Lihue Plantation, founded in 1849, was one of the oldest sugar plantations in Hawaii. The original investors were Henry Pierce, a Boston businessman, William Little Lee, Chief Justice of the Supreme Court of the Hawaiian Kingdom, and Charles Reed Bishop, founder of Bishop Bank and husband to Bernice Pauahi, noblest of Hawaii’s alii. Lihue Plantation was one of the best financed, most expensive and most modern sugar company’s in Hawaii.
Sugar is a thirsty crop, It takes approximately 500 gallons of water to produce one pound of sugar. It also takes 1,000,000 gallons of water per day to irrigate 100 acres of sugar cane. Thus, Kaua’i with its abundance of natural resources; land, sun and most importantly, water, was ideal for growing cane. Mount Wai’ale’ale(rippling waters)and Mount Kawaikini(waters or multitude), some of the wettest spots on earth provided enough water to meet the high demand that cane had for water.
In order to tap into Kaua’i’s natural water resources, Lihue Plantation had to develop methods of carrying the water from the mountains to the cane fields that stretched, in some cases, all the way to the ocean. Hence, in 1856, Hawaii‘s landmark ditch, the Rice Ditch, was pioneered on Lihue Plantation by William Harrison Rice. It was the first irrigation ditch project in Hawaii and although it was not the success it might have been, planters no longer had to look for perfect conditions, now they could create them.
In 1870, the Hanama‘ulu Ditch, the ditch system currently used for Kaua‘i Backcountry Adventures Tubing Expedition, was engineered and constructed. The makings of the 4 mile Hanama‘ulu Ditch was done by hand utilizing sledge hammers, spikes, picks and manual labor. Although, no records of the ditch building have been found as of yet, it was hard work which was done, most likely, by Chinese laborers. Each tunnel and waterway of the Hanama‘ulu Ditch was constructed a bit differently, some using hand cut rock, grouted and placed by hand and some cut out of existing mountain sides. It was hard, manual work and could be dangerous. It is said that it took up to 1,000 workers at one time to build each ditch and no ditch took more than 2 years to build.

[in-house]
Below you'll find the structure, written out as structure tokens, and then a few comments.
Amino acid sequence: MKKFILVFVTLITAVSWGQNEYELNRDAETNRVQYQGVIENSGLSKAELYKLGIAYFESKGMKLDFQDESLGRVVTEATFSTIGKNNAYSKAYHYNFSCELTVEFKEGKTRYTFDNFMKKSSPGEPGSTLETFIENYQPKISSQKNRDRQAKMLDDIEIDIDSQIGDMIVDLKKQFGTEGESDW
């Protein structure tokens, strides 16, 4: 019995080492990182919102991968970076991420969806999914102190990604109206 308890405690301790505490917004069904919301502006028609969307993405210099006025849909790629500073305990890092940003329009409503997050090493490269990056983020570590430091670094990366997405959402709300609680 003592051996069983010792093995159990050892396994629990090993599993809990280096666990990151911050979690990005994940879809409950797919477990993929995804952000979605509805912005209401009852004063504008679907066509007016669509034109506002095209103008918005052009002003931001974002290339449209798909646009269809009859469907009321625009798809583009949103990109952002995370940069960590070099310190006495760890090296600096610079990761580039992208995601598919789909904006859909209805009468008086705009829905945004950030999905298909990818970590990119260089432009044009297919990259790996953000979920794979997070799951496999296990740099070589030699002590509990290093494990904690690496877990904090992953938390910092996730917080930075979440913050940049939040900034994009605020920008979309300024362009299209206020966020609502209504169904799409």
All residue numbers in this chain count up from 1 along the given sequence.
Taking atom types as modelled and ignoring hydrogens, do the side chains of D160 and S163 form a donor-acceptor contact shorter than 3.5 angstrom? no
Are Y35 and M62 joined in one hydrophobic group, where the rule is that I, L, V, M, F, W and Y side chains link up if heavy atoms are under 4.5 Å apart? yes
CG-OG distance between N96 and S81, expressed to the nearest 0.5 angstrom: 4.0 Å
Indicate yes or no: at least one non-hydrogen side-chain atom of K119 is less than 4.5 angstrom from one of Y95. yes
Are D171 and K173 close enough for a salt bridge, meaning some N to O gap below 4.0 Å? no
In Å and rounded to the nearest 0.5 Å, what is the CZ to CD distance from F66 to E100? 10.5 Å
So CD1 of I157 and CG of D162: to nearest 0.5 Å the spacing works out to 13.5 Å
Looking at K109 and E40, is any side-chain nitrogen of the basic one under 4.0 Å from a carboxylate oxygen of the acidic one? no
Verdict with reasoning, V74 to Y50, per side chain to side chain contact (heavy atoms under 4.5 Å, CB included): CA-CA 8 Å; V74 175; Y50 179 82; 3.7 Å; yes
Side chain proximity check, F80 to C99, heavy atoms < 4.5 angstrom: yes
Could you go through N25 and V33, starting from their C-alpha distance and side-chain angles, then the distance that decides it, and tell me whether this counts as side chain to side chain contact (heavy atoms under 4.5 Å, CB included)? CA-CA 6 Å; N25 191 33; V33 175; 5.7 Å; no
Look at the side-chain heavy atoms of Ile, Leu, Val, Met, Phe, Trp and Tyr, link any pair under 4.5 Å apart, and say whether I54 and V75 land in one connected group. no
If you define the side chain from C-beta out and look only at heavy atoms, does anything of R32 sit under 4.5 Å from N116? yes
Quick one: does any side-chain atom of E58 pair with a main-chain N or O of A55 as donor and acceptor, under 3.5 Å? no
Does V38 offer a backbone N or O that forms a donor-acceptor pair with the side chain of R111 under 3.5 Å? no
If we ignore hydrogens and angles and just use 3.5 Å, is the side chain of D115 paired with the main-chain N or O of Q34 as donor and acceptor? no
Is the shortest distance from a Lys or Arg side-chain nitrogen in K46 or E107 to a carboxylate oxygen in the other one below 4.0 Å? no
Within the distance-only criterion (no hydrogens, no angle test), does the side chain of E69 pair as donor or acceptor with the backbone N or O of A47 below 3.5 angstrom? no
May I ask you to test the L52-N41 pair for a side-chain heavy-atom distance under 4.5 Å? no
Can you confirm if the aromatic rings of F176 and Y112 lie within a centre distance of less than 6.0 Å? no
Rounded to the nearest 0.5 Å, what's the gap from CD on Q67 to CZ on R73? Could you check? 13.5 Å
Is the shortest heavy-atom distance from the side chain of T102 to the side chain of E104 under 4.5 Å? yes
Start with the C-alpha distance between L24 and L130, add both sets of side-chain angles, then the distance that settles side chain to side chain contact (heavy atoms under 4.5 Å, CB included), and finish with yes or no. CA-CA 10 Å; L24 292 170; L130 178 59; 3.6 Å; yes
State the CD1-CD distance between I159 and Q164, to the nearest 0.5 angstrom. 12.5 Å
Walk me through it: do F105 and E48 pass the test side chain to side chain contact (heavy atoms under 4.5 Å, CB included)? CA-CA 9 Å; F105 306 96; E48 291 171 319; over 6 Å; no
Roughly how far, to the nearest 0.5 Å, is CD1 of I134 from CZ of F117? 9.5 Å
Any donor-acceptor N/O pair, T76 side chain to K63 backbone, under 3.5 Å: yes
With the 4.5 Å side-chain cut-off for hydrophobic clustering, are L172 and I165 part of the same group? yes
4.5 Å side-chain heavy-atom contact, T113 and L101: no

Lihue Plantation’s water collection system is extensive and is made up of 51 miles of ditches with 18 intakes. The Hanama’ulu Ditch System draws water as far away as the Hanalei Stream and merges with the North and South Fork of the Wailua River before it turns into the Hanama’ulu Ditch System. The four mile ditch system provides water to the Hanana’ulu basin. Today, the Hanama‘ulu Ditch System provides water for cattle ranchers, farmers and feeds projects such as the Lihue airport gateway project.
In the late 1900’s, Hawaii‘s sugar plantations closed their doors, one by one. Lihue Plantation was no exception. In November, 2000, Lihue Plantation was one of the last sugar plantations in Hawaii to close its doors